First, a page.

IMG_1051I’m finally beginning to understand what winter is for. In the spring, summer, and most of autumn, I’m so full of energy and industry. I ping pong from house to garden every two hours and push off any dull moment with running to the lake, digging in the dirt and DIY-ing anything that irks me about the house and yard.

The winter is not like this.

The winter is when I try to remember about books and painting and digging deep for the spirit I need to do even the smallest creative thing. I get so bored, I haunt around our house, hoping a project idea will come to mind. I think I might as well work as much as possible, because I’m just a husk-person who can’t appreciate free time.

For so many years, these months kept me in the depressive sub-soil of myself. I worried that soil was the deepest part of me. The…

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Film Spot: Far from the Madding Crowd

I watched this movie right before my wedding and on my honeymoon. I was enchanted.

Set in the same time period (Victorian England, 1870-ish) as Jane Eyre but having less Romantic and Gothic elements, this film has sweeping scenes of the English pastoral life. Green fields, soft hills, swaying barley fields, and an abundance of sheep. The uniqueness is striking right away: we’re not in brooding moors or Regency drawing rooms (think Pride and Prejudice). It’s neither — it’s a wild place, filled with sun and freedom and nature and peace. This is where our heroine resides: Bathsheba Everdeen.

She is an odd heroine for her time: she wears pants, she rides horses with a leg on each side, she owns and runs her own farm. She goes to sell her farm’s grain as her own representative in a room full of men who would rather her be elsewhere. She wants to be free but also wants love. She’s endearing at times, and others, completely frustrating — she has a sweet juxtaposition of impulsiveness and wisdom, childlikeness and an old-aged soul.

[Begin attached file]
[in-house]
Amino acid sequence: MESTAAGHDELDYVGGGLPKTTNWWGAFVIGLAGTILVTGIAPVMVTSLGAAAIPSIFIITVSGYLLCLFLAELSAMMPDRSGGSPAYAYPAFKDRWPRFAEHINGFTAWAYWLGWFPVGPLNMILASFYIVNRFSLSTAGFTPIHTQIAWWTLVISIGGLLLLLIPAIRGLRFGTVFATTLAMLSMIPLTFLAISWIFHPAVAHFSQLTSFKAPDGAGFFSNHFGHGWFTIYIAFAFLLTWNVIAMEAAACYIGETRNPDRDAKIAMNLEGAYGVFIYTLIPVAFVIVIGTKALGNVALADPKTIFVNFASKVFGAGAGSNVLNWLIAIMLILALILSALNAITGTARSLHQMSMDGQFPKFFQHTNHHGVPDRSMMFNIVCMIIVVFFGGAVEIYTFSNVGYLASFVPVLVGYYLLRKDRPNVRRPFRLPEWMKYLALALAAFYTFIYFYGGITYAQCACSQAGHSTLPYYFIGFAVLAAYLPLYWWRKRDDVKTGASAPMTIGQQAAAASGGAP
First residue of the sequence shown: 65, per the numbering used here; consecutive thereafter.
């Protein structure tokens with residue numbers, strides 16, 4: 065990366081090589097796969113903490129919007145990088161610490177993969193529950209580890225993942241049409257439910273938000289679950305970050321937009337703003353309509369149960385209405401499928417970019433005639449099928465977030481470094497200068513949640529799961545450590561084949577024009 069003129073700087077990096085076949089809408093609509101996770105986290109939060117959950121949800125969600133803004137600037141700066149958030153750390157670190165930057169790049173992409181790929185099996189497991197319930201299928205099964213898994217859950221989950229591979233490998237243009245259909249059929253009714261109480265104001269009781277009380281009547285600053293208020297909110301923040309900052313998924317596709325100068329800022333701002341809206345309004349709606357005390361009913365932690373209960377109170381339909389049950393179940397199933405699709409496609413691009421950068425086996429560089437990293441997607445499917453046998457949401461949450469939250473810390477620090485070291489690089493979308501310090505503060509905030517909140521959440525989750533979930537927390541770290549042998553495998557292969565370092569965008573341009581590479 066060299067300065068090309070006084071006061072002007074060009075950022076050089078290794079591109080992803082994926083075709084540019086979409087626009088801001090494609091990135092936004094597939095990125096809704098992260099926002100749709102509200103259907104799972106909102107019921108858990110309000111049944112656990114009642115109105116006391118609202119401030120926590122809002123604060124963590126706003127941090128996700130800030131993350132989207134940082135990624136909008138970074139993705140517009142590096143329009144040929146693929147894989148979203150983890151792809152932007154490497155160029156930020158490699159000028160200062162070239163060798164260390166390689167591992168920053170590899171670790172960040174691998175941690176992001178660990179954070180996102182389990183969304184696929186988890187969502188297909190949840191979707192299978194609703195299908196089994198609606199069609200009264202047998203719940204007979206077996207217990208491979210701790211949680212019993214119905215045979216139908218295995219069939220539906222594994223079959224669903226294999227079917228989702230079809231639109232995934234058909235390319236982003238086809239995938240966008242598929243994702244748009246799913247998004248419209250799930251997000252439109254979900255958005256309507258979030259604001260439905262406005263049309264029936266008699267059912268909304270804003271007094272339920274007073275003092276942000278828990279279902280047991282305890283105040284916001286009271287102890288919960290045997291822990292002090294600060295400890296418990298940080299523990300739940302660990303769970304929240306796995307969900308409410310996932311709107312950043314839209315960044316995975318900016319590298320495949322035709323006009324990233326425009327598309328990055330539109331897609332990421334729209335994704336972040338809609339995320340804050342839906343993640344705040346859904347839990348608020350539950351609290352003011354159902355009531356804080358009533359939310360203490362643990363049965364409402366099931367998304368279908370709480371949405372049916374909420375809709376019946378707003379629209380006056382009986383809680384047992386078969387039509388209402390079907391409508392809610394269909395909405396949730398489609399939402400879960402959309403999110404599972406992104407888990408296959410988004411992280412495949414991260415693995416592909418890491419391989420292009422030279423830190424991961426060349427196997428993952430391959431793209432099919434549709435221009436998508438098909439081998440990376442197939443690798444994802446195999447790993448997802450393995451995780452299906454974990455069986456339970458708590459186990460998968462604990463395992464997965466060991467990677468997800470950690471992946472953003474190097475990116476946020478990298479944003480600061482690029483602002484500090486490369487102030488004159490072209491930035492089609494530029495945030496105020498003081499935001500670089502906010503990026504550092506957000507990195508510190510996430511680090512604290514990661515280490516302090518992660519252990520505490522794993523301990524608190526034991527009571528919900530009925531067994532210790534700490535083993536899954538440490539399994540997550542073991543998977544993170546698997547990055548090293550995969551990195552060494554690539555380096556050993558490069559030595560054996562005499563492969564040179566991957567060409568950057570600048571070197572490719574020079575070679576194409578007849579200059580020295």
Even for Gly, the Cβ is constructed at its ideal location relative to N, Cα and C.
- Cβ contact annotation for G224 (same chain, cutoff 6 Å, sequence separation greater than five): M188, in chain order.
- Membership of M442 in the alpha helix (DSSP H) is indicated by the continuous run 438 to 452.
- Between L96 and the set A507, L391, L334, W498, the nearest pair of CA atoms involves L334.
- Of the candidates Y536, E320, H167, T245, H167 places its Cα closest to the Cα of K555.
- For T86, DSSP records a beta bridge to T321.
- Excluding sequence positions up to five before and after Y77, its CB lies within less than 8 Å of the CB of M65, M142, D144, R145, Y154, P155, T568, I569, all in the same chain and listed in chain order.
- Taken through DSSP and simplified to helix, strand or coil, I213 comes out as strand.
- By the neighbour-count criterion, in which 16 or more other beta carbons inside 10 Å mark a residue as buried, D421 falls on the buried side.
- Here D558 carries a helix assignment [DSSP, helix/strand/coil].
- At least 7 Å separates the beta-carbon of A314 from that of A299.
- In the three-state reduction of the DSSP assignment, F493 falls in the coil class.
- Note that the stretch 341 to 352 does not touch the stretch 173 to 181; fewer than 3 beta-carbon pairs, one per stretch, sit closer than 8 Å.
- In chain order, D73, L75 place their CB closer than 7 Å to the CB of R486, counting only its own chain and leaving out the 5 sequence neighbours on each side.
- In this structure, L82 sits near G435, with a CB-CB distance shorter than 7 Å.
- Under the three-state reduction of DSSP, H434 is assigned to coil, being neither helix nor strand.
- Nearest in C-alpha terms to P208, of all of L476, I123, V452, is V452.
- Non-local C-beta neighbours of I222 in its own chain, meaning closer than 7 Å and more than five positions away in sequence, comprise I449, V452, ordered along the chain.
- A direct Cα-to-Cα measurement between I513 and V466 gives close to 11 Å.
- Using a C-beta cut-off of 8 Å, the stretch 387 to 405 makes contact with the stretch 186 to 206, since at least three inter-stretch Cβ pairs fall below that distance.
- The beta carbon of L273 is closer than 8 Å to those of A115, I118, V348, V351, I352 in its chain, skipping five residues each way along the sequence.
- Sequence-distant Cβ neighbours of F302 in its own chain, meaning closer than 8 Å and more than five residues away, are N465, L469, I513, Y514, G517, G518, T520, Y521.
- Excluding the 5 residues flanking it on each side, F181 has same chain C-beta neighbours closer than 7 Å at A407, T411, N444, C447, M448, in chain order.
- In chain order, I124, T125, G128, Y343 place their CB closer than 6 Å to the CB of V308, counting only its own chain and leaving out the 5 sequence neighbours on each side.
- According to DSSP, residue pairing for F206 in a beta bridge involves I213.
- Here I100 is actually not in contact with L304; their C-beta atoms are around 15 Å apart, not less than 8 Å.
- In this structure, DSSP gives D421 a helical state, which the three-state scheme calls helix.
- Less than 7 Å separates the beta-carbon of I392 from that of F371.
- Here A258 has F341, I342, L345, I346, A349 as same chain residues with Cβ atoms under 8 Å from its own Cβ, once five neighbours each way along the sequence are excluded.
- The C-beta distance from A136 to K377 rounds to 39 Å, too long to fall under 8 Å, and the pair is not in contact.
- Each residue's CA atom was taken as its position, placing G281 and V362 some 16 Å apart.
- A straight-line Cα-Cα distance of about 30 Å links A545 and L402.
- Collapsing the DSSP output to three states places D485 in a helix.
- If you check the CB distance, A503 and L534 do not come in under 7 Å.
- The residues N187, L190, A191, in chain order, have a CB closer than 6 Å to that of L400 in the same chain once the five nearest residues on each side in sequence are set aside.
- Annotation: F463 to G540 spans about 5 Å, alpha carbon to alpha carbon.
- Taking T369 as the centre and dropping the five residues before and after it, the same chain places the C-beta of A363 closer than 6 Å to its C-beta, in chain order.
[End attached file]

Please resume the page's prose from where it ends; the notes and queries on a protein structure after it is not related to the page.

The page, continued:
movies worth watching, far from the madding crowd, carey mulligan, period films

Carey Mulligan as “Bathsheba” in FAR FROM THE MADDING CROWD. Photos by Alex Bailey.  © 2014 Twentieth Century Fox Film Corporation
All Rights Reserved

The complexities of how people treat each other and subtle power struggles are also prevalent in this film. Three men want to pursue after her and they are vastly different from each other. One would think that at this point it’s just one huge love quadrangle, but the film draws out characters to their fullest extent and many hidden things in these mens’ hearts come to light because of several heart-wrenching circumstances. I think it’s a fascinating, subtle way of drawing out how and why people act how they do.

Oh, last but not least, the music is sweeping and does a great job of capturing Bathsheba and the events surrounding her. It heavily features the violin.

So, basically, grab yourself a cup of tea on a chilly night and enjoy. Really. It’s beautiful.

treading in life., words.

When TV Surprised Me

(I wrote this post mid 2014.)